Bariatric Journal

Gastric Sleeve Surgery Recovery Time

Recovery Guide after Gastric Sleeve Surgery

Recovery Time, Timeline after Gastric Sleeve Surgery. What can you expect after surgery?

Every surgery is unique in its expectations associated with recovery. Gastric sleeve is a restrictive weight loss procedure that makes patients more full and limits how much food the patient eats at one time (Realize). Gastric sleeve creates a vertical sleeve in the stomach from the remaining portion left. The entire sleeve is the size of a banana.

It’s essential to consider recovery requirements and time before committing to the procedure as planning makes sure that your recovery is as smooth as possible. Here are some of the most important things to consider when it comes to gastric sleeve recovery.

Recovery Expectations

After gastric sleeve surgery, patients typically stay in the hospital for four nights (Surgery Brisbane). During this early recovery period, the new gastric sleeve is treated with caution. Patients are not permitted to have any liquids or solids for 48 hours after their procedure. Overeating at this time may increase the risk of a leak from the gastric sleeve. During the early recovery phases, a swallow test is made to check the anatomy of this new gastric sleeve. This checks for leaks, which is a complication of the surgery that is rare. If this test is completed well, then patients are commenced on the clear fluid diet. The gastric sleeve capacity will only be about 50-60 MLS. Patients are instructed to drink this much per hour for the first week following their procedure.

Regarding recovery time, different time periods are suggested. This is because some patients take more or less time to feel ready to continue working. According to the University of Pittsburgh, patients can expect a two to the four-week recovery period. Web MD suggests a four to six week recovery period before attempting to return to work.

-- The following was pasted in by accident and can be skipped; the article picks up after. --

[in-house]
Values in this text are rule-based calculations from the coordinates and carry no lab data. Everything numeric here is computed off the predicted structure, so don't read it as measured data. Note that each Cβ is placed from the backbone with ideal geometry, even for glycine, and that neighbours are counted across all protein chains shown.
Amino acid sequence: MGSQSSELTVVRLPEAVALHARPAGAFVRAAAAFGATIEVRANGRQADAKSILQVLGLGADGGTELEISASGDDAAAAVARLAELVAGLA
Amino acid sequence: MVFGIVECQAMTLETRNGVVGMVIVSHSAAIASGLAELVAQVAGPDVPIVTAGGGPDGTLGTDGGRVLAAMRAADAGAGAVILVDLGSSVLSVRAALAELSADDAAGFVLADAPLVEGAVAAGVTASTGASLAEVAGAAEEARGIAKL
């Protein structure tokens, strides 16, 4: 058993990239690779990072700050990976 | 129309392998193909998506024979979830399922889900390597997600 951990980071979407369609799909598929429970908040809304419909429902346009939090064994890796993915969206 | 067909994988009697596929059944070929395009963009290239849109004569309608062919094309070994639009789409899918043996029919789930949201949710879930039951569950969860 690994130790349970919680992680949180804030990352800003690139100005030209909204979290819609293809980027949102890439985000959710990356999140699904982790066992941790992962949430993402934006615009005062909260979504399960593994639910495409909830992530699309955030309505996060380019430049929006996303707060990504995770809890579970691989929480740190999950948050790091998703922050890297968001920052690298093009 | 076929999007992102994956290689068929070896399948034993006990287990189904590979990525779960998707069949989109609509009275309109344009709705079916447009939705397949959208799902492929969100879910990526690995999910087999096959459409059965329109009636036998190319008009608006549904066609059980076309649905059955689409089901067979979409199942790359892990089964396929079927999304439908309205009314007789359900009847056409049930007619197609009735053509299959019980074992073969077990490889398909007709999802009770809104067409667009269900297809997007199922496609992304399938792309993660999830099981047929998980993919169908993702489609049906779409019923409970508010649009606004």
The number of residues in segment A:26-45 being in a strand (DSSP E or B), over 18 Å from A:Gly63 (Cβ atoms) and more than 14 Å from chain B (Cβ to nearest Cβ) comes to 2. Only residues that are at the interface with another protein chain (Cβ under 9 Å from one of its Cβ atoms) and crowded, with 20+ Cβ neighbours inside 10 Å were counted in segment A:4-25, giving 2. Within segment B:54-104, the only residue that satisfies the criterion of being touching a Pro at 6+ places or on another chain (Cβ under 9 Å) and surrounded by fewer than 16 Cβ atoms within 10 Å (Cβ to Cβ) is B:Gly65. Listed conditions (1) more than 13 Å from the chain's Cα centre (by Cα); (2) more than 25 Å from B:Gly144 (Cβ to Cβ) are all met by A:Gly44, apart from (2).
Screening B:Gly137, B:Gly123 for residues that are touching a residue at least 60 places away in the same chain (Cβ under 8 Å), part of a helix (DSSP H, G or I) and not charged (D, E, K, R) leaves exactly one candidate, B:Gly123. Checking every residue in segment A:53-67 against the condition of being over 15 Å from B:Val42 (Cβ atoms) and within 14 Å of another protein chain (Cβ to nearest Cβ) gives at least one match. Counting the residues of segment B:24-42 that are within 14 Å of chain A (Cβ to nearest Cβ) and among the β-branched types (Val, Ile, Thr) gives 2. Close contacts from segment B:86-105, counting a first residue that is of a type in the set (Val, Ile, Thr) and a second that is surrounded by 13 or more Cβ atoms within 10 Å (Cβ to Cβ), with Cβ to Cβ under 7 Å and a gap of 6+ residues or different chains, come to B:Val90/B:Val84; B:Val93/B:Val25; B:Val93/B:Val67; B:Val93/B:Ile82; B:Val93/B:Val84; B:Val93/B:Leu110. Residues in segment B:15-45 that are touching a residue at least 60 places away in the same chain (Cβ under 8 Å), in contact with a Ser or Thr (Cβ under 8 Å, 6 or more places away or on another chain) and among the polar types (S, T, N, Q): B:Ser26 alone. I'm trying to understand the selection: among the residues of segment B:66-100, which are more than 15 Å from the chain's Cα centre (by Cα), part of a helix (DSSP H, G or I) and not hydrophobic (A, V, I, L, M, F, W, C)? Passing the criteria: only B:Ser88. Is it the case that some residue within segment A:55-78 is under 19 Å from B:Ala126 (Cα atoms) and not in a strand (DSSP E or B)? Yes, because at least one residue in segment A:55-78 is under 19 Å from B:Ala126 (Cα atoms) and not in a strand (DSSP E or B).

The incision site will be tender and sore for a period. Because your stomach was made smaller, you will have to pay close attention to how you eat and what you eat and how often. If you do not, the dumping syndrome can occur. This can cause diarrhea and make patients feel weak and nauseous. Depending on how the surgery is performed (open or laparoscopic) will depend on the overall recovery time. Heavy lifting and strenuous exercise are strictly forbidden until complete recovery occurs.

Tips for Success

Understanding the diet and how your new stomach works are essential. Educating yourself on the entire recovery process is essential. What you can and should expect will change daily. The first day, of course, will be the most uncomfortable and the one where your diet will be the most strict. Many patients feel more pain a few days following surgery.

Ultimately, activity will be slow for a while. This is not only because you’re recovering from surgery, but because you are adjusting to your new diet. Your physician will have more specifics on your activity levels as your recovery process progresses. Recovery time is relevant to each patient so that expected recovery time will vary.


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